The Model Code of Conduct is being vigorously enforced. A Deputy Commissioner and number of other officers have been transferred on the directions of the Election Commission. A minister of Utter Pradesh Government, who ferried the BSP Supreme Kanshi Nath to J&K has been asked to pay for the flights from his own pocket. 

Besides, J&K assembly elections- 2002 are being held on the basis of census- 2001 that was carried out after a gap of 21 years. The next assembly will therefore enjoy the distinction of representing the largest number of electorate. The population of the State has recorded large increase during last two decades.  

However, the most important thing about these elections is that these are being conducting in most turbulent times when state has been suffering the brunt of militancy, foreign mercenaries’ element which was zero in 1996 elections has now dominated 60 per cent of terrorism here and are hell bent upon disrupting the electoral process. Unlike 1996, when terrorism was only restricted to Kashmir valley and Poonch, Rajouri and Doda district of Jammu region, all the six districts of Jammu region including Jammu city which has witnessed deadliest fidayeen attacks this year, have been engulfed by terrorism. And that is what worries the security agencies for these polls. Besides, terrorist groups like Hizbul Mujahideen, Al Umar Mujahideen, Jaimat-ul Mujahideen, Islamic Front and Jehad Kashmir have joined hands together to thwart the electoral process. However, Kashmiris this time are not much influenced by the terrorist threats and their anti-poll campaign. Even senior Separatist leader Shabir Shah concedes, "Yes, people will come out to vote. Especially in rural areas of Kashmir . But not because they have forgotten the cause but because they have number of problems, they want peace, they want stability, they want their problems like unemployment to be addressed to and this corrupt National Conference government has eaten  into their shares," said Shah.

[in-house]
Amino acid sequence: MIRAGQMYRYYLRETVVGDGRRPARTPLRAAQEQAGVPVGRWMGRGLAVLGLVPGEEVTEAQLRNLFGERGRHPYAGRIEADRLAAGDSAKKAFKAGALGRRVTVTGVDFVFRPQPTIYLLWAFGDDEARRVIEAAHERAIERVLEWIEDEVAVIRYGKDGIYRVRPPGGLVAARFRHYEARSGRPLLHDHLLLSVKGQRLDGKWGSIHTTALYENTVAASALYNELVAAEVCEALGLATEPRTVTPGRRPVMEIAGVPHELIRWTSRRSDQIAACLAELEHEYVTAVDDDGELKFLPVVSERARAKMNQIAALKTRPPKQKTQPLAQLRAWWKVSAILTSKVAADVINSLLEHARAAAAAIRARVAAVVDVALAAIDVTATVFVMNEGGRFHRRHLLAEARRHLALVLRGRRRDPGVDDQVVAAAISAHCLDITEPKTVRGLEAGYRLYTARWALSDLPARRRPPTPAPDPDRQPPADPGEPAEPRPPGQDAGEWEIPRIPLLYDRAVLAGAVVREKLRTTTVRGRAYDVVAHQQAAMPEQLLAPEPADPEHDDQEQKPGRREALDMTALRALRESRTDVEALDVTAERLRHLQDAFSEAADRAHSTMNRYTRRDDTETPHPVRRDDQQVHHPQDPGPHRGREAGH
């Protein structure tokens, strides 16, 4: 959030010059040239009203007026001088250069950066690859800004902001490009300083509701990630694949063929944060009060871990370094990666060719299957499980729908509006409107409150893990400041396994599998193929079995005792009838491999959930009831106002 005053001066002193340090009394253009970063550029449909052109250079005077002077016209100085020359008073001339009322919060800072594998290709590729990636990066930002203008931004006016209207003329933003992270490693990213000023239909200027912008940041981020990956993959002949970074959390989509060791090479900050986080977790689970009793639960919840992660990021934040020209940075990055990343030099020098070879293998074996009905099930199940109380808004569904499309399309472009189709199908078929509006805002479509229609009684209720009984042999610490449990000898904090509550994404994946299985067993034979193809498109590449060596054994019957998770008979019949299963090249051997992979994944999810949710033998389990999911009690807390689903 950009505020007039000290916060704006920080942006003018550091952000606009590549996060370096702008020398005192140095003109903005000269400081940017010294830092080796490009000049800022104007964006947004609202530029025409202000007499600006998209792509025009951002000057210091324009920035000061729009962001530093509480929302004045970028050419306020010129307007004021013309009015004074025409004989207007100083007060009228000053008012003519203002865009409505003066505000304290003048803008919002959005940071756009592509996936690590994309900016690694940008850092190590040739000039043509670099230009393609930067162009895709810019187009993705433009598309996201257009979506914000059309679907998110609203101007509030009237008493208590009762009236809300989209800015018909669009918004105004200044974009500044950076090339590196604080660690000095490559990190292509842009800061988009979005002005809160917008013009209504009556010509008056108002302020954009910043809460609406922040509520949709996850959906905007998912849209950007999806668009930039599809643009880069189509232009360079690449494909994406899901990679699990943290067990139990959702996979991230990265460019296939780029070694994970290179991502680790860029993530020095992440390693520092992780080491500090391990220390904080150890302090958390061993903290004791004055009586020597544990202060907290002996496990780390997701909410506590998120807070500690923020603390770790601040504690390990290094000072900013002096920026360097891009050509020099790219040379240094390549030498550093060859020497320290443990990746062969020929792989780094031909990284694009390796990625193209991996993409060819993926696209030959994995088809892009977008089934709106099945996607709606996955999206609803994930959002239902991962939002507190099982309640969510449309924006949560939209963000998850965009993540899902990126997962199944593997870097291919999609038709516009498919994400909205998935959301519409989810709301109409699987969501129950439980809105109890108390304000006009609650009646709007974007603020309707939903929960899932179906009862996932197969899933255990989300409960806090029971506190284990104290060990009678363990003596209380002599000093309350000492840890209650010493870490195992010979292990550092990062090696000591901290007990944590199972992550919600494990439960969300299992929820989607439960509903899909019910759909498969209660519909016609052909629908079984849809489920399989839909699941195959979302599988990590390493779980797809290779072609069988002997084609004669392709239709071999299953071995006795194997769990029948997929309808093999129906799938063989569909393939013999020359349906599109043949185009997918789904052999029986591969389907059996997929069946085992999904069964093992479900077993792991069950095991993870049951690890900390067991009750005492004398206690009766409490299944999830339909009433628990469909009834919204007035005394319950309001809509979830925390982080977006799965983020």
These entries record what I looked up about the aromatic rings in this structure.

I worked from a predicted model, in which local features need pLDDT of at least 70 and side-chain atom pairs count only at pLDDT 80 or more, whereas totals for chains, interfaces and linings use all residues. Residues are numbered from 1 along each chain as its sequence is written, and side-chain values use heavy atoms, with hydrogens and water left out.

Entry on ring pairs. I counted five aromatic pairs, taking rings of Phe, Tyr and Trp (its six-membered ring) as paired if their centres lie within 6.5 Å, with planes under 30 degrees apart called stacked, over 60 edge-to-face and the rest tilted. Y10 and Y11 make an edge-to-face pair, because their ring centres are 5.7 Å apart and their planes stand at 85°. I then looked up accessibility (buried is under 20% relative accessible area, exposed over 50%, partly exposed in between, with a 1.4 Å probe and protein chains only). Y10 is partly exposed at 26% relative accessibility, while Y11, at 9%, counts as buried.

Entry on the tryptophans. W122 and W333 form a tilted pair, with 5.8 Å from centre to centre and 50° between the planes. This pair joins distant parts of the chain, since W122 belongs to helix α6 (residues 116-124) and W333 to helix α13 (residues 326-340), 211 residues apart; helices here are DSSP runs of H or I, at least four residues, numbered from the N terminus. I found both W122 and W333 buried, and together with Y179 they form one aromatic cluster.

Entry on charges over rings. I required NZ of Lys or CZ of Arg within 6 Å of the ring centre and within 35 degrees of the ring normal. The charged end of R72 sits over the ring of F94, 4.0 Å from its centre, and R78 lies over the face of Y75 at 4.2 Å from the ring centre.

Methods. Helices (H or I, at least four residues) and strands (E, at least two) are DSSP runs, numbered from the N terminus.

Elections has also assumed different dimension with the entry of separatists in the pollfray and most among them are those who had launched anti-poll campaign in 1996 polls. The entry of three such candidates in Kupwara district, Ghulam Mohi-ud-din Sofi ( Handwara), Abdul Haq Khan, Lolab, and Abdul Rashid Mirchal, Karnah, owing allegiance to Peoples Conference (PC) of slain Huriryat leader Abdul Gani Lone, an important Hurriyat constituent, has virtually set election cauldron simmering, much to the chagrin of National Conference (NC). Add to this the candidature of Abdul Khaliq Hanief, former political secretary of hard-line Hurriyat leader and head of Jamat-e- Islami ‘s political wing Syed Ali Shah Geelani from Sonawari in Baramulla, 

Not only people have been thronging in thousands in rallies in Kupwara, Handwara and other areas of Baramulla which would witness polling tomorrow, but there is certainly change of moods also. Peoples Conference candidates’ popularity is giving sleepless nights to National Conference and other parties. Ghulam Mohi-ud-din Sofi ,People’s Conference leader and separatist who was close associate of slain Hurriyat leader Abdul Gani Lone has been the biggest crowd puller and observers say that his victory is sure. Infact, this time enthusiasm is very high among the people who are actively taking part in the elections with a strong hope—development of the State.   More striking contrast between the election 2002 and election-1996 is that in 1996 candidates were scarce to find and an overpowering sense of fear and apprehension generally prevailed. But it is not the case now with not only Jammu region but entire Kashmir valley seems to be fully immersed in the election gush. In rural Kashmir, there is an air of festivity with buntings and banners erected at various places inscribed with party slogans. Flags of various political parties are hoisted in large numbers, terrorist killings of candidates and their supports not withstanding.